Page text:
“It’s one of the best services we provide for our members and leaves a lasting impression on participants,” says Ralph Williams, retired manager of United Electric Cooperative, based in Heyburn, Idaho, who helped organize the first rally in 1986. “It’s amazing to see the self-confidence they develop by week’s end. They’re all in a new environment with no stereotypes of who they are. They’re encouraged to step out and be who they want to be. With self-confidence and the new knowledge they have, they’re set up to be a leader. Many who were introverted at the start of a rally come back the following year holding some type of leadership position in their school.”

After attending a youth energy conference, students can speak knowledgeably to family, schoolmates or the community about transmission and distribution lines, wholesale power supply and the benefits of the cooperative business model.

Participants in past youth events in Idaho, California and Washington, D.C., have returned home to become employees at the same utilities that invested in their futures.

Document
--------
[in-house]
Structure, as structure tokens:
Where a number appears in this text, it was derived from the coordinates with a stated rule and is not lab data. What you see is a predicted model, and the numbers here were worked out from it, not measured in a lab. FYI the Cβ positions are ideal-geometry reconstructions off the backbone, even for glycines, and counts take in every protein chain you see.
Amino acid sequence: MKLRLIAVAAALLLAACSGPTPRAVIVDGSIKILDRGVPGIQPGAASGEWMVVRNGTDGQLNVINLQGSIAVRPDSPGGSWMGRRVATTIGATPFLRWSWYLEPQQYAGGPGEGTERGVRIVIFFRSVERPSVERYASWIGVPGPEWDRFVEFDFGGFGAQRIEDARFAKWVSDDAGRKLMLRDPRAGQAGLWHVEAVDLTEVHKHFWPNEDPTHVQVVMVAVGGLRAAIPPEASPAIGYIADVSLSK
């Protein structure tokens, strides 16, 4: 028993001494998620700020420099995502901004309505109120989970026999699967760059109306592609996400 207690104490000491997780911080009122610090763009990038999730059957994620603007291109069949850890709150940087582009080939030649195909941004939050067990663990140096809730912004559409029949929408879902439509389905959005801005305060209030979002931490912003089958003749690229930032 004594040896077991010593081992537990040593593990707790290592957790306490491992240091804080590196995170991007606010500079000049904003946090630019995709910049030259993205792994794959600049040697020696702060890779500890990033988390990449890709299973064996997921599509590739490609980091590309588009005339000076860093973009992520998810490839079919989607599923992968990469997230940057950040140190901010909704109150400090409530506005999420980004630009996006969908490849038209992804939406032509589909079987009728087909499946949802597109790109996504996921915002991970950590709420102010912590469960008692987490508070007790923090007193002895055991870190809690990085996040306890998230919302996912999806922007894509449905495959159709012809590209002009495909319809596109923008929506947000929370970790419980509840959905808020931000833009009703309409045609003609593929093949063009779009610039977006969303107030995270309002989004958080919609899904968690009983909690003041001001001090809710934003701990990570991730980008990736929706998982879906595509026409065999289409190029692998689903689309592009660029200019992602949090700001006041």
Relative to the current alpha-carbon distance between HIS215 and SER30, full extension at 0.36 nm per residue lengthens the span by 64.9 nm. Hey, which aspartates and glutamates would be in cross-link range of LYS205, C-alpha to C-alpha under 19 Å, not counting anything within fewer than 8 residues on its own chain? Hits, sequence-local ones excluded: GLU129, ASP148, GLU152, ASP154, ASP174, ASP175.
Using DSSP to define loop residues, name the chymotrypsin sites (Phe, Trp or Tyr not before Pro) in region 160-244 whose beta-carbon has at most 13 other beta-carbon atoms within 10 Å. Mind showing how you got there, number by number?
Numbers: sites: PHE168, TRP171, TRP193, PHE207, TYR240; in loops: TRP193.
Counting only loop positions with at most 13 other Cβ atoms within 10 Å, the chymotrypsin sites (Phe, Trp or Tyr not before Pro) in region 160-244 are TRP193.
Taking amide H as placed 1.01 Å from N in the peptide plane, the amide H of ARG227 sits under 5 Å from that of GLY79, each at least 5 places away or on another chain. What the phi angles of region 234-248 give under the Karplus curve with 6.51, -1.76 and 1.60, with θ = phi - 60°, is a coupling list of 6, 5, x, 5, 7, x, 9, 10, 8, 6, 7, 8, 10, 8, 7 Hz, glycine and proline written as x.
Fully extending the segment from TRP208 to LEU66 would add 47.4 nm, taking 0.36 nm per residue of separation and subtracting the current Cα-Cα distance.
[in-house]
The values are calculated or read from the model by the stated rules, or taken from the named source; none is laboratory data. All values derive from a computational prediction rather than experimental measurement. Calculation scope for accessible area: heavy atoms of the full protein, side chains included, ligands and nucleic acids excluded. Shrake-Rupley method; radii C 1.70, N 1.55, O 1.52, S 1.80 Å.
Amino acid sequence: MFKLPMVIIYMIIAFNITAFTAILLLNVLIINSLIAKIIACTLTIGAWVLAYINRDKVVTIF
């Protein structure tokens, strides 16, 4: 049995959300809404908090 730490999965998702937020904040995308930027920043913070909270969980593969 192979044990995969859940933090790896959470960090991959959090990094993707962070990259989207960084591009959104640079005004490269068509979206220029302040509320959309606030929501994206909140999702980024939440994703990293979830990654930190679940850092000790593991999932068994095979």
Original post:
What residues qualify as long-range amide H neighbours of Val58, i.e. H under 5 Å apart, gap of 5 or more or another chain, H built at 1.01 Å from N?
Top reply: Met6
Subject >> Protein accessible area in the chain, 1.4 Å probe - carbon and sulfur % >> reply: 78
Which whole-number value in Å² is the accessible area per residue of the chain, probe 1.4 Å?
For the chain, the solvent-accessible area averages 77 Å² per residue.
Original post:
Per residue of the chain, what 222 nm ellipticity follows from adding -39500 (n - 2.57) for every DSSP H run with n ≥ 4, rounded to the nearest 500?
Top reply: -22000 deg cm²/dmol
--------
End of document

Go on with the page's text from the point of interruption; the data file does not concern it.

Their experiences are shared with others and are used to inspire the next generation of public servants and community leaders.

Ruralite writer Dianna Troyer contributed to this report.

Community Interaction

  • In the state of Washington, public utility districts sponsor students for eligibility for the Walkley Scholarship, an annual education scholarship established by a former PUD commissioner.
  • Tillamook People’s Utility District of Tillamook, Oregon, hires one or two high school graduates each year to work part time at the utility. Through the PUD’s Employment for Education Program, the students work during school breaks. The money earned typically is applied toward tuition and textbooks.
  • Lassen Municipal Utility District of Susanville, California, plays an important role in the children’s fair sponsored by the Lassen County Office of Education. LMUD employees offer bucket truck rides for kids, with as many as 500 children getting rides during the one-day event.
  • Umatilla Electric Cooperative, of Hermiston Oregon, sponsors Hydromania, a series of summer science camps at local schools. Hydromania curriculum is geared toward fourth- and fifth-graders.It focuses on the science of water, the environment and energy.